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The children are missing from the streets of Rio de Janeiro. The street urchins, the homeless kids who roam the city by the thousands, were apparently removed like so much debris when the Brazilian government cleaned up for the Earth Summit.

What a shame. Instead of taking them out of the city, the officials should have brought them right to the center of the pomp and circumstances. They should have left them where they belong, smack in the middle of this pin-striped meeting of world leaders.After all, this Earth Summit is about children, generations of them.

Population, poverty, pollution. A changing climate and disappearing species. Some say the conflict in Rio pits one hemisphere against another. A Southern hemisphere damaging the last of the world's natural resources against a Northern hemisphere spewing spoilage from its overconsumption machines.

But the deeper conflict is between how people think about the year 2030 and how we don't think about it. Our own country, rich by any standard, has somehow stopped paying attention to the future.

How else can we explain the casual neglect and impoverishment of our own children? One of every five children in America is poor. We spend $11,000 for every senior citizen and $1,000 for every child. We borrow a billion dollars every day to pay for the national debt, which will add to our children's debt.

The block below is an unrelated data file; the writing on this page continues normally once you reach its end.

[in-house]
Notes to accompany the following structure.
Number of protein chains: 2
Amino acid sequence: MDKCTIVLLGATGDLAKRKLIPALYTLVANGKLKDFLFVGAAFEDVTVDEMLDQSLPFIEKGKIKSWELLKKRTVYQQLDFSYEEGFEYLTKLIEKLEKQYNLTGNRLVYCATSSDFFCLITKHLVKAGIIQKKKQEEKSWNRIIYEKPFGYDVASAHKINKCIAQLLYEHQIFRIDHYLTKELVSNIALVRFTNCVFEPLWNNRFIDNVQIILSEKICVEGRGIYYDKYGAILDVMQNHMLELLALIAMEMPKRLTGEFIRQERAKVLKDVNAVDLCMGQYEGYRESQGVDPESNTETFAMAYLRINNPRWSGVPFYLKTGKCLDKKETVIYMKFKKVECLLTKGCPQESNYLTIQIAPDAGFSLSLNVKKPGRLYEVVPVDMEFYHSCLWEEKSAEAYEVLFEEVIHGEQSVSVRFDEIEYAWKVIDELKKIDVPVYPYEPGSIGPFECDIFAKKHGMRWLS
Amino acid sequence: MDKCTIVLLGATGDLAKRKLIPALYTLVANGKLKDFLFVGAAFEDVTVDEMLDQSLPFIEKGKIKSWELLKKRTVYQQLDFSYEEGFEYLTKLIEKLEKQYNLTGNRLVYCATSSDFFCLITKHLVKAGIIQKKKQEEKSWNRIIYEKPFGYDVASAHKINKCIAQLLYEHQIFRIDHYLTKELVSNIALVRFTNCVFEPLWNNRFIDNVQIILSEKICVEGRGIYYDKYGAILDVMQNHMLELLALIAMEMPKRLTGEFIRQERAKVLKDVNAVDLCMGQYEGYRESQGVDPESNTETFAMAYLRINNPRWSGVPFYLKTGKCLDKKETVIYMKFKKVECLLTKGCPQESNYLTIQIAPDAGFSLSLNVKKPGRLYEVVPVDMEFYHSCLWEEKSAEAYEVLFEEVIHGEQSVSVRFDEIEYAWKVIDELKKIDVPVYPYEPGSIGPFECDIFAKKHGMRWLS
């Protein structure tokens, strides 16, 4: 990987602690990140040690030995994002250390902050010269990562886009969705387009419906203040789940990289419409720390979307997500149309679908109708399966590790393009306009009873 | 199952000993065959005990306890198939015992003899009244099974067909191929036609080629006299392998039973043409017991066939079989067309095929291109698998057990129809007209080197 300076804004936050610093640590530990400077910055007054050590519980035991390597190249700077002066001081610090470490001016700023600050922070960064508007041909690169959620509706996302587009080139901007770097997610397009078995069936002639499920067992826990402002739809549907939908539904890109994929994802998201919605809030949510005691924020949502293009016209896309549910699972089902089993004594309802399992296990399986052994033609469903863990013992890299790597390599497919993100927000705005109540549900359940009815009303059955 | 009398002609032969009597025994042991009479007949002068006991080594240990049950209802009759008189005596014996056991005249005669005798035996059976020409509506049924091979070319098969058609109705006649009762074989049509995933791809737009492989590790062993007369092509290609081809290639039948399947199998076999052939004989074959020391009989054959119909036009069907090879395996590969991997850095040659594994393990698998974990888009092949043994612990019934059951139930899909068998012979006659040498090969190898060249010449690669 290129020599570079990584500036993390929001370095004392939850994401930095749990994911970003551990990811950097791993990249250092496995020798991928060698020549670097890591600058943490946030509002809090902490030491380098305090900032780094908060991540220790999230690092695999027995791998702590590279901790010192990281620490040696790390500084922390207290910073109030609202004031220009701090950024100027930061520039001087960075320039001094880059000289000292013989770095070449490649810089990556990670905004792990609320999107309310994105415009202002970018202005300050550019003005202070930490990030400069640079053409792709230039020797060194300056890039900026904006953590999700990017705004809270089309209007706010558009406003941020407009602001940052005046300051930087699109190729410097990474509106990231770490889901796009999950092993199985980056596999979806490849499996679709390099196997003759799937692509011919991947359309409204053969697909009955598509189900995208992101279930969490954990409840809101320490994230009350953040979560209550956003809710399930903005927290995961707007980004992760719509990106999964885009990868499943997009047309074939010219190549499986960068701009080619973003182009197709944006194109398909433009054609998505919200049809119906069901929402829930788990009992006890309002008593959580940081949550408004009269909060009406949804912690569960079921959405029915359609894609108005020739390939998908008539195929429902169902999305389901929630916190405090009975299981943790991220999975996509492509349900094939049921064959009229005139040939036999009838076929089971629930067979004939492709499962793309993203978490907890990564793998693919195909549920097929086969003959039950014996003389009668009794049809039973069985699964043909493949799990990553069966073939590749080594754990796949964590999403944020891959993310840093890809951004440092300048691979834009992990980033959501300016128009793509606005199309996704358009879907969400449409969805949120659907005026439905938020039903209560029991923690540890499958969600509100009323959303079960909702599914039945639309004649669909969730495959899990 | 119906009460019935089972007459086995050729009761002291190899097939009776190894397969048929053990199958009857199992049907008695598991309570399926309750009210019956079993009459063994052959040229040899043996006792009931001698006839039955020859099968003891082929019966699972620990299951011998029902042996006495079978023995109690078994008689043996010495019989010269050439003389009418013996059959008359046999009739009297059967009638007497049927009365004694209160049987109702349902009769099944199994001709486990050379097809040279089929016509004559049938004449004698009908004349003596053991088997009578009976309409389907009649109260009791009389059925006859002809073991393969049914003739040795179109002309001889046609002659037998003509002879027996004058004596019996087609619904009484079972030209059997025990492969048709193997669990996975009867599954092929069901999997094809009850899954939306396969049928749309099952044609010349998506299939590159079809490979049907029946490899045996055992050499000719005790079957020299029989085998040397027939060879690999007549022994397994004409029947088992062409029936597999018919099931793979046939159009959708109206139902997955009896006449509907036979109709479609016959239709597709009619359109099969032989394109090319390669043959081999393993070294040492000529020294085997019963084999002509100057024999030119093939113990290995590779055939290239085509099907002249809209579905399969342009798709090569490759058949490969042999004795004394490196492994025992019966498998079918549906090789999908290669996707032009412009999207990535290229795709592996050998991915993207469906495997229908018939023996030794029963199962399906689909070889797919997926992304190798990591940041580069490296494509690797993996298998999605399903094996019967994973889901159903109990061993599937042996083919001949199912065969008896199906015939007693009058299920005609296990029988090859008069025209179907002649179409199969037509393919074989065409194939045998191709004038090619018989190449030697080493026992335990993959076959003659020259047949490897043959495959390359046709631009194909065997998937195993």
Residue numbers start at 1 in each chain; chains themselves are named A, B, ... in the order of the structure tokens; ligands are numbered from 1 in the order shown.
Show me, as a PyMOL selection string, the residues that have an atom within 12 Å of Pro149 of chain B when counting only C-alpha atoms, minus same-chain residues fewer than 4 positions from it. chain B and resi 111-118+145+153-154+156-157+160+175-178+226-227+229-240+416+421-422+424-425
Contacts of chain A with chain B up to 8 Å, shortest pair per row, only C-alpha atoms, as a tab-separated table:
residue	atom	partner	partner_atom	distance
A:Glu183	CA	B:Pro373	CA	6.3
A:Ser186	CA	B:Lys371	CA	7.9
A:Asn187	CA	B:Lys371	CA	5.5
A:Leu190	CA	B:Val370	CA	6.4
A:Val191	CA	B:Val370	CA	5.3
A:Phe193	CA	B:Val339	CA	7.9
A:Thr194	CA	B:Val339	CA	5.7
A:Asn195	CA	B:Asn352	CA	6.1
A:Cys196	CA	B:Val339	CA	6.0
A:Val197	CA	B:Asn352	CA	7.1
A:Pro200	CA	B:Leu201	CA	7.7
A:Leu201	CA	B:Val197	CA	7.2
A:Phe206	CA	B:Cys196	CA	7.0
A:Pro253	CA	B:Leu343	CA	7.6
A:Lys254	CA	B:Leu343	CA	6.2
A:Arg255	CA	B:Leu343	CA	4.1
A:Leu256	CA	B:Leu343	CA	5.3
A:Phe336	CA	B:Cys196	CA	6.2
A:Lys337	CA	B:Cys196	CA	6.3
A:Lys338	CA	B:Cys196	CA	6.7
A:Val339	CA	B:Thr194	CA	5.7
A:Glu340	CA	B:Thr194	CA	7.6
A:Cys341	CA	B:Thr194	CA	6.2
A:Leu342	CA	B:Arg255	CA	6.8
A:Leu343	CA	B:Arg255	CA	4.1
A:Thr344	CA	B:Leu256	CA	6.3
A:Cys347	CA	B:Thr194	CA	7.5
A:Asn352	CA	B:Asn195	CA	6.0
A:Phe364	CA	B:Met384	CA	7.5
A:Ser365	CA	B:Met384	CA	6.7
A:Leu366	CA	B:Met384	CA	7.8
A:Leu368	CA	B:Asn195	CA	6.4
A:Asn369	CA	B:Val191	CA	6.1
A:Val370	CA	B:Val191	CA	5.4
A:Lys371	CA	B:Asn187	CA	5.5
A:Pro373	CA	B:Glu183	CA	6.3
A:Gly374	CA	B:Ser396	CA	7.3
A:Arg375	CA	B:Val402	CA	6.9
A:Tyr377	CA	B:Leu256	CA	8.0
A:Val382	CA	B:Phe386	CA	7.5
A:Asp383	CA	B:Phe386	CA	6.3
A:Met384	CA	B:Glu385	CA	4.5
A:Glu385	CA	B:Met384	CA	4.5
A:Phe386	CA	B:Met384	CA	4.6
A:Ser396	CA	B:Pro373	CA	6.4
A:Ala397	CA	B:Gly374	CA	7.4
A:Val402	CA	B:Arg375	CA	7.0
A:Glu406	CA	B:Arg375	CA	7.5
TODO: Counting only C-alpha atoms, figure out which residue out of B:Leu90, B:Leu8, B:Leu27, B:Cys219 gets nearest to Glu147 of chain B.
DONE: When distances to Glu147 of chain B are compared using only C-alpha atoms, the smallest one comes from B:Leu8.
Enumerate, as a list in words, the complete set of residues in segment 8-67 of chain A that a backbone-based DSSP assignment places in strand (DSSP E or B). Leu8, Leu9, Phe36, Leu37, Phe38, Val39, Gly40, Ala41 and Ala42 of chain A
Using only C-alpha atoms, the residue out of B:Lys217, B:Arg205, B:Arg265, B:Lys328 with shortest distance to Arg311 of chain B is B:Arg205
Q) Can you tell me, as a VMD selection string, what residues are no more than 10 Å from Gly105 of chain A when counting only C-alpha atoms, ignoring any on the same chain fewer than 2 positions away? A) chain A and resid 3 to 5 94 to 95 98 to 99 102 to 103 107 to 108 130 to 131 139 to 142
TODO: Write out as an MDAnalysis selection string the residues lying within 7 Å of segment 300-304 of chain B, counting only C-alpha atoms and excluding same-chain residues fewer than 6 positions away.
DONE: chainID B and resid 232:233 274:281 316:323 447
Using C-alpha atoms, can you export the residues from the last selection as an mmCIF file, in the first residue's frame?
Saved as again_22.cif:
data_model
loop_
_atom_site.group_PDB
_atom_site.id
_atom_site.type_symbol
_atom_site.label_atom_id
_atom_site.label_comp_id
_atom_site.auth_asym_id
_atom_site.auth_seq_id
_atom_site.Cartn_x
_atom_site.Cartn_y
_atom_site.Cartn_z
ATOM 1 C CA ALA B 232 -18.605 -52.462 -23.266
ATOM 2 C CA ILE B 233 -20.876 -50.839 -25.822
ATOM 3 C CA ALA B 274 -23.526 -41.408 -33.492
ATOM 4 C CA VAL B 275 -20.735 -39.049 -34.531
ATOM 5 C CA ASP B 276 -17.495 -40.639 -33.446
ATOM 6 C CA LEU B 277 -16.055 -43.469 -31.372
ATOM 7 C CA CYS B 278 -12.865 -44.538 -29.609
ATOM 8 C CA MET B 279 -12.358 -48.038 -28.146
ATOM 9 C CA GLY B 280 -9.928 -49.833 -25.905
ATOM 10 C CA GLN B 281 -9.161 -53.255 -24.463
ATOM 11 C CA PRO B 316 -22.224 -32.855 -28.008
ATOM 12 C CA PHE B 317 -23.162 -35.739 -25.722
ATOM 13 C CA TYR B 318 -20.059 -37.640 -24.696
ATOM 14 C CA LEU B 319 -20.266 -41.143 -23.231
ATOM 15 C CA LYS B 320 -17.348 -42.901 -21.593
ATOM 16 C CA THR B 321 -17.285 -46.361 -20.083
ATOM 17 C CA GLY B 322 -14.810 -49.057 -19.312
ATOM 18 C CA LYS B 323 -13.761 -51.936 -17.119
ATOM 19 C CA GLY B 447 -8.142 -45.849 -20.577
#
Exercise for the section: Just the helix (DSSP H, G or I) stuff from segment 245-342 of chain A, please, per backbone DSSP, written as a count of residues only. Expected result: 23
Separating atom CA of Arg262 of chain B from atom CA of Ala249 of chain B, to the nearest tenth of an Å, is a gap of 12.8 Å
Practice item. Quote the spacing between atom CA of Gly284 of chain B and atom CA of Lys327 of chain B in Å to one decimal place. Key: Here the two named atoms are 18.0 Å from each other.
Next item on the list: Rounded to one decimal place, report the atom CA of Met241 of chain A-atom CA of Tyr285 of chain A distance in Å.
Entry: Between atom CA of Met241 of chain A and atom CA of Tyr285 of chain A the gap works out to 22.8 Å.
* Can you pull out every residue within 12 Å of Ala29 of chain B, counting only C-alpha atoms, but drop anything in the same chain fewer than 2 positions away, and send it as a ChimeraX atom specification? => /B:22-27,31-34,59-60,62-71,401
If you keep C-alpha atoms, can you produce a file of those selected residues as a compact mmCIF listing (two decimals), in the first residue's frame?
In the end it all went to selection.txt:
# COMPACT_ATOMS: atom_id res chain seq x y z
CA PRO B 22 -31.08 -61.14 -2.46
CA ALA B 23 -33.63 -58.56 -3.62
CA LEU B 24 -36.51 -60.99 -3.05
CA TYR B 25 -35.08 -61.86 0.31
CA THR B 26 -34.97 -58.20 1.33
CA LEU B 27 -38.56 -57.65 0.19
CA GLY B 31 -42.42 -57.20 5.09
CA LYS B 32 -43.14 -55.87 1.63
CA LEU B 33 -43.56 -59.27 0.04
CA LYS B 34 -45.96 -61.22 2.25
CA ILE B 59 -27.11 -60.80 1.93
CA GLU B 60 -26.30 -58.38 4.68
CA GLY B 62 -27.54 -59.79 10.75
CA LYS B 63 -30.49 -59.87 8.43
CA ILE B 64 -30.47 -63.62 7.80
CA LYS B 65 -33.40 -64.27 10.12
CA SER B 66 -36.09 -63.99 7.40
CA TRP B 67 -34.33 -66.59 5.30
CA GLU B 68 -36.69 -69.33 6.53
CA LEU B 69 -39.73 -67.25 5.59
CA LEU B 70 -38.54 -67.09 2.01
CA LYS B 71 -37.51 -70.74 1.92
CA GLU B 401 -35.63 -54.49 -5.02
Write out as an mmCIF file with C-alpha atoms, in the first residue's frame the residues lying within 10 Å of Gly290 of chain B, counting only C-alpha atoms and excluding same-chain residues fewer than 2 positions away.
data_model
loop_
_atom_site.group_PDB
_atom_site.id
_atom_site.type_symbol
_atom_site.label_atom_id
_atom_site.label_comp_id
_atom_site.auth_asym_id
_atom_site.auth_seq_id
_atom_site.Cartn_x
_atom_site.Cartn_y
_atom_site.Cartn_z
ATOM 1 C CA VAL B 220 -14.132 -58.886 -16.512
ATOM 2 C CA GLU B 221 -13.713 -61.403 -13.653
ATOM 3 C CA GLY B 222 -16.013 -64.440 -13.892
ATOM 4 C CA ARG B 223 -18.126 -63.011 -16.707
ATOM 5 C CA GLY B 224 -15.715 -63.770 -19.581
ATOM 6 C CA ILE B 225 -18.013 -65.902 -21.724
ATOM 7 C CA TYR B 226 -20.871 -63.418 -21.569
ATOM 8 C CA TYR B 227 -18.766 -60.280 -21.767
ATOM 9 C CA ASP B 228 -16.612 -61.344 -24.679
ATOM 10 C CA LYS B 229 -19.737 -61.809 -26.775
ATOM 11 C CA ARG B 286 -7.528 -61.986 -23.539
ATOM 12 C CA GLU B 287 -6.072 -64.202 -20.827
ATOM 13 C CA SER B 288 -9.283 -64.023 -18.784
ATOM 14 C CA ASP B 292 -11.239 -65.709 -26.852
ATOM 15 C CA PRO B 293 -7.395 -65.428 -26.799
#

And how else to explain a president who thinks only as far as November? Or an electorate that has yet to push the future to the top of the agenda.

Nearsightedness is hardly a new or uniquely American condition.

Throughout history, people living hand to mouth have never had much time to look ahead. If the children of Rio were invited to the conference, surely they would ask, first of all, for lunch.

But today the comfortable and middle class, the leaders as well as followers, have also had their vision crimped.

As Al Gore, the Tennessean heading the Senate delegation to Rio, worries, "We have had the idea that we can exploit the Earth for our own short-term desires and designs."

Gore, a thoughtful leader in environmental politics, says that our attitude to the future has been crippled first by denial and now by despair. "Denial is a barrier to recognition," he says. "Despair is a barrier to grief and all the related feelings that people have to experience in order to understand the necessity for significant changes."

During the Cold War, it was the nuclear bomb and the doomsday scenario that made people doubt a future. The bomb shifted the equation between today and tomorrow.

Now we enter the post-Cold War world and The Threat is less from a falling bomb than from a rising thermostat. It's from too many cars and too many babies. The threat grows with each cleared acre of rain forest at a time.

Go into any schoolroom, says Gore, who has done it dozens of times. Ask the kids the most important issue and they will say the global environment. Ask them if they care more than their parents, and they will say yes. Ask them why, and they'll say it's because kids will be around longer and because they know more.

The children are not to be seen on the streets of Rio these days. Nor are they to be heard in the conference hall. But sooner or later, they're the ones we have to answer to.